I read a book in which he and A. E. Hotchner wrote about how they improbably started their Newman's salad dressing business, and how they truly broke the rules as a start-up in this industry. It was their approach that tickled me - they had nothing to lose, so why not do it the way they wanted, and have a lot of fun in the process?
The result was a huge success, with multiple product lines, and almost a quarter billion dollars donated to charity. And he had fun doing it. That was the essence of his foundation.
A statement from his foundation: “While his philanthropic interests and donations were wide-ranging, he was especially committed to the thousands of children with life-threatening conditions served by the Hole in the Wall Camps, which he helped start over 20 years ago. He saw the Camps as places where kids could escape the fear, pain and isolation of their conditions, kick back, and raise a little hell. Today, there are 11 Camps around the world, with additional programs in Africa and Vietnam. Through the Camps, well over 135,000 children have had the chance to experience what childhood was meant to be."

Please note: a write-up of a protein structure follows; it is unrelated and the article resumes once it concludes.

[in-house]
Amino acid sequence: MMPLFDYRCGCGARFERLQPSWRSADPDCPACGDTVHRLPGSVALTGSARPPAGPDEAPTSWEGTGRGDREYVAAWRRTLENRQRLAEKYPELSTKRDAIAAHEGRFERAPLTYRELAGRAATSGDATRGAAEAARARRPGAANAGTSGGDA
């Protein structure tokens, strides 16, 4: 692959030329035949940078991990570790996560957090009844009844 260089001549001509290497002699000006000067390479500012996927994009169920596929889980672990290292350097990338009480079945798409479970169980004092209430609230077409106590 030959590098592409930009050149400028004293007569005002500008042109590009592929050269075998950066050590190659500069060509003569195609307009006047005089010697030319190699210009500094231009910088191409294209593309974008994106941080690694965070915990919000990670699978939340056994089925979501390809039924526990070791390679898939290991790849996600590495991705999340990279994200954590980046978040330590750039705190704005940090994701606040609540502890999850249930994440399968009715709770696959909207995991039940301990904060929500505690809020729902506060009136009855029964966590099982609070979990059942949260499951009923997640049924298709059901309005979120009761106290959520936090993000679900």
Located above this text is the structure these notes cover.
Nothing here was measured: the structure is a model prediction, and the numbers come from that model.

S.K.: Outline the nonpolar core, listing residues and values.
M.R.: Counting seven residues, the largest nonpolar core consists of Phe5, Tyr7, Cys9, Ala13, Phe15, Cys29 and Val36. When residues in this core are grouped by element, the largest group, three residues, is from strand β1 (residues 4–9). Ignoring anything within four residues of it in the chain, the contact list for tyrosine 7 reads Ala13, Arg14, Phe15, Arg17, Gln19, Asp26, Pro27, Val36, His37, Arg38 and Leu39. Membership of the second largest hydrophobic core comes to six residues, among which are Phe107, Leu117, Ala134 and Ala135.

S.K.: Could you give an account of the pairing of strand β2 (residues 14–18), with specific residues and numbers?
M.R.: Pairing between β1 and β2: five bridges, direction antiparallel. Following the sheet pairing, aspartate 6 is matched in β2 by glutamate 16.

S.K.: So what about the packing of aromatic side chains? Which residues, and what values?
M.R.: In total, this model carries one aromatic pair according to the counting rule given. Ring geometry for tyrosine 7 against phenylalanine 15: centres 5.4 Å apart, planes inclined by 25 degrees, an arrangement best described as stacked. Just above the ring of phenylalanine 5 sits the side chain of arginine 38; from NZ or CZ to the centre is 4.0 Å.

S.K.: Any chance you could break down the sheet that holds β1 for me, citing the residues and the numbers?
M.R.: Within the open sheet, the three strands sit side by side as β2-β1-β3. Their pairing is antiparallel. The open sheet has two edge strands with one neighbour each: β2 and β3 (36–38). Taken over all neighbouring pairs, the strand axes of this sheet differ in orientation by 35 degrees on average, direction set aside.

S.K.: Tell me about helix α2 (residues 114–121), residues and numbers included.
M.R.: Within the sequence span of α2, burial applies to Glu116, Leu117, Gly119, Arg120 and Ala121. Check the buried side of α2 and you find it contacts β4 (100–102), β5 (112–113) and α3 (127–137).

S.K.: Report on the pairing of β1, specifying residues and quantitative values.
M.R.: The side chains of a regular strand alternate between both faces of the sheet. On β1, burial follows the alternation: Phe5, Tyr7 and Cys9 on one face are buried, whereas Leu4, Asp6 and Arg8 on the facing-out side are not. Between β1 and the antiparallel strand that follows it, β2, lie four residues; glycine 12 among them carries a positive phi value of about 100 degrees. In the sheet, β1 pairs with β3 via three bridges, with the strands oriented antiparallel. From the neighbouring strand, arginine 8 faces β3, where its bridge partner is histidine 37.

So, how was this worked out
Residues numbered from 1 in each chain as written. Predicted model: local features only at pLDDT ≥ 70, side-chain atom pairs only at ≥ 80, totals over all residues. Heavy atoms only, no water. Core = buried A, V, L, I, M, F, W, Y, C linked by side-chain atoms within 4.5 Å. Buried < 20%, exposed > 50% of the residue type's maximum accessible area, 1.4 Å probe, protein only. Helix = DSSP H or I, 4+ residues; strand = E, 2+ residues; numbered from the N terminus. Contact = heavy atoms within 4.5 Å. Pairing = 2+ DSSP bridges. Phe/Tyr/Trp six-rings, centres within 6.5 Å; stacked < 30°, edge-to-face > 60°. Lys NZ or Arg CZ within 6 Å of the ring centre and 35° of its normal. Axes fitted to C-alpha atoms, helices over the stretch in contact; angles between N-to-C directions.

"In Paul's words: "I wanted to acknowledge luck; the chance and benevolence of it in my life, and the brutality of it in the lives of others, who might not be allowed the good fortune of a lifetime to correct it."